On 19th July 1905, the Lambourn Valley Railway ceased to exist, acquired by the mighty Great Western Railway. From then onwards, although it retained much of its character, it would - pretty much - be just another GWR branch line.
The GWR wasted little time in making its presence felt. Overall, the new owner spent £7,721 on improvement works, much of it on platforms, both raising them to a standard height, and lengthening them. Sidings were lengthened too and alignments adjusted accordingly. The bulk of the money - £5,579 – was spent at Lambourn station, with the rest distributed to Great Shefford (£2,316), Welford Park (£1,382), and Boxford (£431).
In addition to these large-scale improvements, the GWR also carried out a general upgrading of facilities, including the fitting of new station lamp posts and and name boards. A two-way telephone system was installed, linking all staff-attended stations with Newbury. During 1908, the GWR decided that facilities at Lambourn fell short of its requirements, so it decided to completely reconstruct the terminus, keeping only the goods and locomotive sheds. At Great Shefford, a horse loading platform and extended sidings were the order of the day.
Welford Park became a crossing place with a signal box an additional platform, and a passing loop. Boxford gained an extension to its loop siding. The line was equipped with a signalling system for the first time, and in June 1908 the electric tablet method of single-line operation was introduced. For this purpose, the line was divided into two segments: Newbury to Welford Park, and Welford Park to Lambourn.
The Board of Trade inspection of the completed works in 1910 reaffirmed both the 25mph speed limit introduced originally back in 1898, and the 8-ton axle weight. This is somewhat surprising as the Board had cleared the line for the use of 12-ton axle loading railcars in 1904. Equally surprising was the fact that the GWR didn't strengthen the underbridges during the revamp of the line, which would have facilitated increases in both speed and weight restriction.
In 1912, the GWR Board approved the introduction of a new Sunday service, consisting of two passenger runs each way and hauled by a Lambourn-based locomotive. The service became effective on 5th May that year and coincided with the new summer timetable, but was discontinued in October 1914, along with other service reductions made during the first world war.
Newbury racecourse c. 1920
Newbury racecourse had opened in 1905, and the area was a well-established centre for training and stud purposes and for bloodstock sales. This brought a large volume of traffic to the line, in most cases special trains. The horse boxes were fitted with dual-brake systems for operating into territory where the Westinghouse air brake was operating.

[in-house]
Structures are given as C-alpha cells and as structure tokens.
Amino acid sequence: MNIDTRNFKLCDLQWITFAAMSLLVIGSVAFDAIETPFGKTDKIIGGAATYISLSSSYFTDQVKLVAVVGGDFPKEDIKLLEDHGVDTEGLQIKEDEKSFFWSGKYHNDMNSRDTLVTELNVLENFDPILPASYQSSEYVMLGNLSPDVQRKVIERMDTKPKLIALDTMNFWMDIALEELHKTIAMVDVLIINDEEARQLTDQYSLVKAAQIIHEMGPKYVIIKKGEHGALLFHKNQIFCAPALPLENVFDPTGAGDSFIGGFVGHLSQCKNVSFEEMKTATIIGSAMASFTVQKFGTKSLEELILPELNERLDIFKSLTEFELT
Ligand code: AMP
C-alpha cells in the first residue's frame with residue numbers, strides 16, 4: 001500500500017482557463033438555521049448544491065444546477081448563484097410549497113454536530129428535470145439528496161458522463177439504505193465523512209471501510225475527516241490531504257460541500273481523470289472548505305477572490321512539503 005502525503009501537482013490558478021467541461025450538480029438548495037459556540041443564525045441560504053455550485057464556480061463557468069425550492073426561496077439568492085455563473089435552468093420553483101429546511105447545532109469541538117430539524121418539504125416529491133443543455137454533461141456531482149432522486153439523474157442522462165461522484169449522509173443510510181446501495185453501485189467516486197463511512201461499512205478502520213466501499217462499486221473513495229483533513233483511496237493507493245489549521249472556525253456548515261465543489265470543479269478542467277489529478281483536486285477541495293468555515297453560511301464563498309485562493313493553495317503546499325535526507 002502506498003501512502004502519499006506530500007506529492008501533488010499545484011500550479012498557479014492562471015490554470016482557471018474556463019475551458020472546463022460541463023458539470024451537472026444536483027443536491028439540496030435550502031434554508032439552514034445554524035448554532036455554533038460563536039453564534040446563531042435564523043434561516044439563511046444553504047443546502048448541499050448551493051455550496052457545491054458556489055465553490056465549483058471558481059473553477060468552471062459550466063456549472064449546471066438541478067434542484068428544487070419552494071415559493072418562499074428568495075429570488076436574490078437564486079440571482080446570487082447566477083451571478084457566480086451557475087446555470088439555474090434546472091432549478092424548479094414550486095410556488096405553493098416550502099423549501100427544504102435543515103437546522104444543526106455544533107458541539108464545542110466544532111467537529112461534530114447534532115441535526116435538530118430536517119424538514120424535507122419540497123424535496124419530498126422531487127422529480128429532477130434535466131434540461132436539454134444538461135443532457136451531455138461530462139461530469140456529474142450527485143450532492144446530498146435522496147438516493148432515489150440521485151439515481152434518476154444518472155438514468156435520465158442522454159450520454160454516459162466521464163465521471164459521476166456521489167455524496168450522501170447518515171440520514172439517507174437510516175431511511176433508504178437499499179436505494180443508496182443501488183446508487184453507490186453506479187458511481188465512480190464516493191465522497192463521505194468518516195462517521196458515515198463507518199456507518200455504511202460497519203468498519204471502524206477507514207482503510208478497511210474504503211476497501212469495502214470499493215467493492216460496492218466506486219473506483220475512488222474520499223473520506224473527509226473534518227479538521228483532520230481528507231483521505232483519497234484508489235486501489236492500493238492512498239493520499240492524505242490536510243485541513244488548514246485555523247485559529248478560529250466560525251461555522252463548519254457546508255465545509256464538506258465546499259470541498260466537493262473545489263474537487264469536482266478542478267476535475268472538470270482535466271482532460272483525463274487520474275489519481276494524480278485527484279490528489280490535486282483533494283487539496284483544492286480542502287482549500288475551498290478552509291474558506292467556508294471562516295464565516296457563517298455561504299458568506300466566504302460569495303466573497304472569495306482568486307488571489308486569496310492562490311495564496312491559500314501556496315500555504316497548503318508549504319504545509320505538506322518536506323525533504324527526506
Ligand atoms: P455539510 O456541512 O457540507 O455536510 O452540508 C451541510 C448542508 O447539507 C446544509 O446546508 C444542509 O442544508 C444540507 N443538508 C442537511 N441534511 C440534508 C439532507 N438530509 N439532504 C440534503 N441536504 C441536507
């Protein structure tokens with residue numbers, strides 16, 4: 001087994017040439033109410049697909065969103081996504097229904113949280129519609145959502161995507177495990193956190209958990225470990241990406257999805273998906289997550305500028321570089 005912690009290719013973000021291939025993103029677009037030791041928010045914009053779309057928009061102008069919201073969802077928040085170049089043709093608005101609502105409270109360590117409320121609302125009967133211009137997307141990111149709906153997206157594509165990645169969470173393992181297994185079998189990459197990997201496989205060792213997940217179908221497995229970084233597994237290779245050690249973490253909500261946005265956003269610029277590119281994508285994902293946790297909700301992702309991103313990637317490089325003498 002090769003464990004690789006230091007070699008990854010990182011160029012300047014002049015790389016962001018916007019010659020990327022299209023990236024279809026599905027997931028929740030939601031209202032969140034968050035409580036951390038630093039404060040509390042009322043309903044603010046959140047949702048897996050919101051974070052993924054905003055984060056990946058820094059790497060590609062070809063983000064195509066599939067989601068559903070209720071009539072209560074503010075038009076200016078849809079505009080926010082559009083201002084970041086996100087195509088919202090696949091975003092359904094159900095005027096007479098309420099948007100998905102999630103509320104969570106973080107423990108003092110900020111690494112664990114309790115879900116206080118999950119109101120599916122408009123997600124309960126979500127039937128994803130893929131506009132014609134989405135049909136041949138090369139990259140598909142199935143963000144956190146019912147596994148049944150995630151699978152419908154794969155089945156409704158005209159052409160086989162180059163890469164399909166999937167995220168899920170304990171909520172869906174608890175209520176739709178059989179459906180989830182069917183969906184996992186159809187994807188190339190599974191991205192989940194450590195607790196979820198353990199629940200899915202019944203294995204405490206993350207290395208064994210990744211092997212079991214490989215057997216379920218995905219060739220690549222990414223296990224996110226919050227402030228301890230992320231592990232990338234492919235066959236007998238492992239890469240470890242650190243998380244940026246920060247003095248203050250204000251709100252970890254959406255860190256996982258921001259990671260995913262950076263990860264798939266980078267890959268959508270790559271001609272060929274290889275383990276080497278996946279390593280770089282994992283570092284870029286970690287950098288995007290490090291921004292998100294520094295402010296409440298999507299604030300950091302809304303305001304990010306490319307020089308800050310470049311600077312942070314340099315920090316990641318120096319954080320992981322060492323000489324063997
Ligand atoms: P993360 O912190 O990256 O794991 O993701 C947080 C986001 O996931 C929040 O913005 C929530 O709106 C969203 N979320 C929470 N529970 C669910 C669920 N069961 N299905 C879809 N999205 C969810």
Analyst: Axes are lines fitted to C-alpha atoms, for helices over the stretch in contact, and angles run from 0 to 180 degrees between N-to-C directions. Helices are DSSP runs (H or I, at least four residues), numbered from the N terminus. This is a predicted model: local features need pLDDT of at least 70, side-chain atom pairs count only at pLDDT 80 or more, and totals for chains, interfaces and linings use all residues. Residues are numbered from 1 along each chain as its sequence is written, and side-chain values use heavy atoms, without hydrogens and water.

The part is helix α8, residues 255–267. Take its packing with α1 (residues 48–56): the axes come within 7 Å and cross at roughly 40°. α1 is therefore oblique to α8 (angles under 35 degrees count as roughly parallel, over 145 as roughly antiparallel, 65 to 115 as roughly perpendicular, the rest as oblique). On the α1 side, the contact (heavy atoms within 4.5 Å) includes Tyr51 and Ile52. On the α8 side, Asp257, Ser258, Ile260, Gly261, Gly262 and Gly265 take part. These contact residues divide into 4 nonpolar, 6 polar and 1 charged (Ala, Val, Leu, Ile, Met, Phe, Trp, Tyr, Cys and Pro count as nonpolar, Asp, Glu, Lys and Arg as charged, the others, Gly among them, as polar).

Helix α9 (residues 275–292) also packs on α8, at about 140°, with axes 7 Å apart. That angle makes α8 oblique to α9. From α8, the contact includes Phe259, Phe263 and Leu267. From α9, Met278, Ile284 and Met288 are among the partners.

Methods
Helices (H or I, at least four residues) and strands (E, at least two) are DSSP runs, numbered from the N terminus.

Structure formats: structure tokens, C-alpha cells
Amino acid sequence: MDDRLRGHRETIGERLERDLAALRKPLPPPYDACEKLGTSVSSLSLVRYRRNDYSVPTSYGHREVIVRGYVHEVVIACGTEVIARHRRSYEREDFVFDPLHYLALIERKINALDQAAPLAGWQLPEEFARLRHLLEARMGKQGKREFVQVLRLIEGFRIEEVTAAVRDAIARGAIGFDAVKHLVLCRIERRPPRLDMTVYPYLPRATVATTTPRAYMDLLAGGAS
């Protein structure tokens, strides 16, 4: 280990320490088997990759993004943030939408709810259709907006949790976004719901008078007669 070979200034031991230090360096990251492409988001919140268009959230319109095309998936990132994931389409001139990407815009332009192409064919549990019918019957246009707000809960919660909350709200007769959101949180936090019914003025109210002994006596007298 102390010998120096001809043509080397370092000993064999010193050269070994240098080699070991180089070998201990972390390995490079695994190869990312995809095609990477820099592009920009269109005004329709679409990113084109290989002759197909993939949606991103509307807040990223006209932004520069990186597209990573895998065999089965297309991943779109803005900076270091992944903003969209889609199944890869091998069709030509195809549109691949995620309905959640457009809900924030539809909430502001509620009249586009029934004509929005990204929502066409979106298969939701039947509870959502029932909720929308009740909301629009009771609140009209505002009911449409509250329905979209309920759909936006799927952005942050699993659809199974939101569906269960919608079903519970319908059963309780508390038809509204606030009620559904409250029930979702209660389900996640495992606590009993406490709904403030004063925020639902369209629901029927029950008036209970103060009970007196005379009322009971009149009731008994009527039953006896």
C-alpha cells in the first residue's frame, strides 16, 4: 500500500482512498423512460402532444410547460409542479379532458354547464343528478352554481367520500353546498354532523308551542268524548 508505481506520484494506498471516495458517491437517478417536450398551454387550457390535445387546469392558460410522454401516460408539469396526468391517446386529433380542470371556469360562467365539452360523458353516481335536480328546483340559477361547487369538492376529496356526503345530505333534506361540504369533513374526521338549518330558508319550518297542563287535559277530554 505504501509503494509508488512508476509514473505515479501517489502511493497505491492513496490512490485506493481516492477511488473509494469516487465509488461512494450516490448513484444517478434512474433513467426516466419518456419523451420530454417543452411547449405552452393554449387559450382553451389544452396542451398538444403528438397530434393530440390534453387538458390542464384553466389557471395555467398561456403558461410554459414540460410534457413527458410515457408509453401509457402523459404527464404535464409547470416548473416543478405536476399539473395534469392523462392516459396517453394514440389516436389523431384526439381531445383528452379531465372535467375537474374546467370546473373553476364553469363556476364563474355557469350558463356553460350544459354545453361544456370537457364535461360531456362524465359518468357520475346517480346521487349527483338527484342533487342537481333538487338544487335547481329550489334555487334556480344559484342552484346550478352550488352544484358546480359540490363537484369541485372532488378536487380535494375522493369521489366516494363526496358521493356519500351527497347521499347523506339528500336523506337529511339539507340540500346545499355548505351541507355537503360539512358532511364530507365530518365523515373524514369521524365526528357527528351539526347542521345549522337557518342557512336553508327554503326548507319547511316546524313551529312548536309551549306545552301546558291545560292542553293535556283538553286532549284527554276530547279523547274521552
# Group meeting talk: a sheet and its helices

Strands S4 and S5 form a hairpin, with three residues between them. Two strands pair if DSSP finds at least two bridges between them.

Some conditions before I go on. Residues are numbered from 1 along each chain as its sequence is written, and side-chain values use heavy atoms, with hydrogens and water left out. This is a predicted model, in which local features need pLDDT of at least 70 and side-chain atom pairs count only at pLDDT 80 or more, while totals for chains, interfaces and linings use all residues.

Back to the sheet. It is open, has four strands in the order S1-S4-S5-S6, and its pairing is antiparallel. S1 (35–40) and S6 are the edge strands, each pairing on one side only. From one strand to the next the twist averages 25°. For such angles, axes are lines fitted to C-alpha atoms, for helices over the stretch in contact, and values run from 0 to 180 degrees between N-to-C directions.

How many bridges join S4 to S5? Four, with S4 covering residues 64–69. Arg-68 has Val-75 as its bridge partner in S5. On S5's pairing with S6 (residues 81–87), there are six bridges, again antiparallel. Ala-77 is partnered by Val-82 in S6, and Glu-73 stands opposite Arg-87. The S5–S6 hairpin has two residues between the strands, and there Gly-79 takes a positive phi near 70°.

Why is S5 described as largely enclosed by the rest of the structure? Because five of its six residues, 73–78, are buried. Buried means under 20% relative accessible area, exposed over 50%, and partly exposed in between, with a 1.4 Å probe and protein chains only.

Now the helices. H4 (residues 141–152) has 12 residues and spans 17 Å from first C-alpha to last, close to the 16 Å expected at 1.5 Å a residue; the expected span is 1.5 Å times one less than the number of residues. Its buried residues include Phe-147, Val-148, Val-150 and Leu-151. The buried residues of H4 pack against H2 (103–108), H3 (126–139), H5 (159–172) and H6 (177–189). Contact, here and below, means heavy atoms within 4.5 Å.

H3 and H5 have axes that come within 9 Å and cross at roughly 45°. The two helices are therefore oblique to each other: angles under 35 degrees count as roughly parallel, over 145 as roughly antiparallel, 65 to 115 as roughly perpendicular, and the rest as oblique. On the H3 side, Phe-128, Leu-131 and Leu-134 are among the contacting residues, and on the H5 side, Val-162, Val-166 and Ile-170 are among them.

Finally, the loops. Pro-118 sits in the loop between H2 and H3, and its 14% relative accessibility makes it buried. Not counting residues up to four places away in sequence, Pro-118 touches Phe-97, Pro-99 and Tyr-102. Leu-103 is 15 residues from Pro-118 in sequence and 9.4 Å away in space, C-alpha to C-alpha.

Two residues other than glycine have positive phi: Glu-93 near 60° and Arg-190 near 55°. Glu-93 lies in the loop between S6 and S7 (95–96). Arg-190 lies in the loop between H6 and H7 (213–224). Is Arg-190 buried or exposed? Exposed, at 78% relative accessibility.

So in spite of world events and all the associated hardships of the war years,post-war traffic on the line increased significantly and by 1923 receipts were practically double those of 1913. In November 1924, the GWR Board decided to re-introduce a Sunday train service, primarily for the collection and conveyance of milk from the farms along the valley. It would start from Didcot, using a Didcot-based locomotive and crew, the idea being that it would also provide for collections on the Didcot, Newbury and Southampton line. The new service became operational in January 1925.
GWR road services
Road transport was by this time starting to affect the railway companies quite noticeably and in an effort to compete with the private transport operators, the GWR acquired a large fleet of its own road vehicles. Great Western's very first local bus service was inaugurated on 17th August 1925 and ran from Swindon to Lambourn, travelling via Stratton Park, Wanborough and Aldbourne. A second Swindon service was introduced on 26th July 1926, passing through Ashbury, Wanborough and Coate.
This particular route lasted just three years, and was withdrawn on the 6th July 1929. The GWR started a bus route from Newbury to Lambourn on 27th May 1926, running on Saturdays and Sundays only. This venture proved to be unprofitable and in line with Great Western's unparalleled efficiency, it was withdrawn by the end of the year.
GWR's bus services had been run in an effort to discourage small private operators but the plan was unsuccessful. Midland Red, Bristol Tramways, The Newbury and District Bus Company and The Thames Valley Traction Co. were all up for a bite of the cherry. In 1932, Great Western ceased bus operations altogether.
GWR glory: the inter-war years
Back to the railway and the year is 1926, the year of the General Strike. The Great Western was badly affected, as indeed were all companies. Even the tiny Lambourn branch line didn't escape, with only one erratically operated train per day, watched over by a skeleton staff. However, the strike lasted only nine days.
The winter of 1926/27 brought with it heavy snowfalls, causing further chaos to services. A snowplough was transhipped from Reading to work on both the D.N. & S. and the LVR lines. Unfortunately the plough itself became a victim of the weather and ended up firmly stuck at Eastbury for several hours resulting in the complete cancellation of all train services on the LVR.
Despite these unavoidable setbacks, the years from the early 1920s to the early 1930s were to be the most profitable and successful period the line would enjoy. During this period both passenger and goods traffic were at a premium. The GWR altered the timetable of the LVR line to improve connections with mainline trains at Newbury. Some trains even escaped from the branch and ran on to other destinations beyond Newbury, with Oxford and Didcot among the more popular destinations.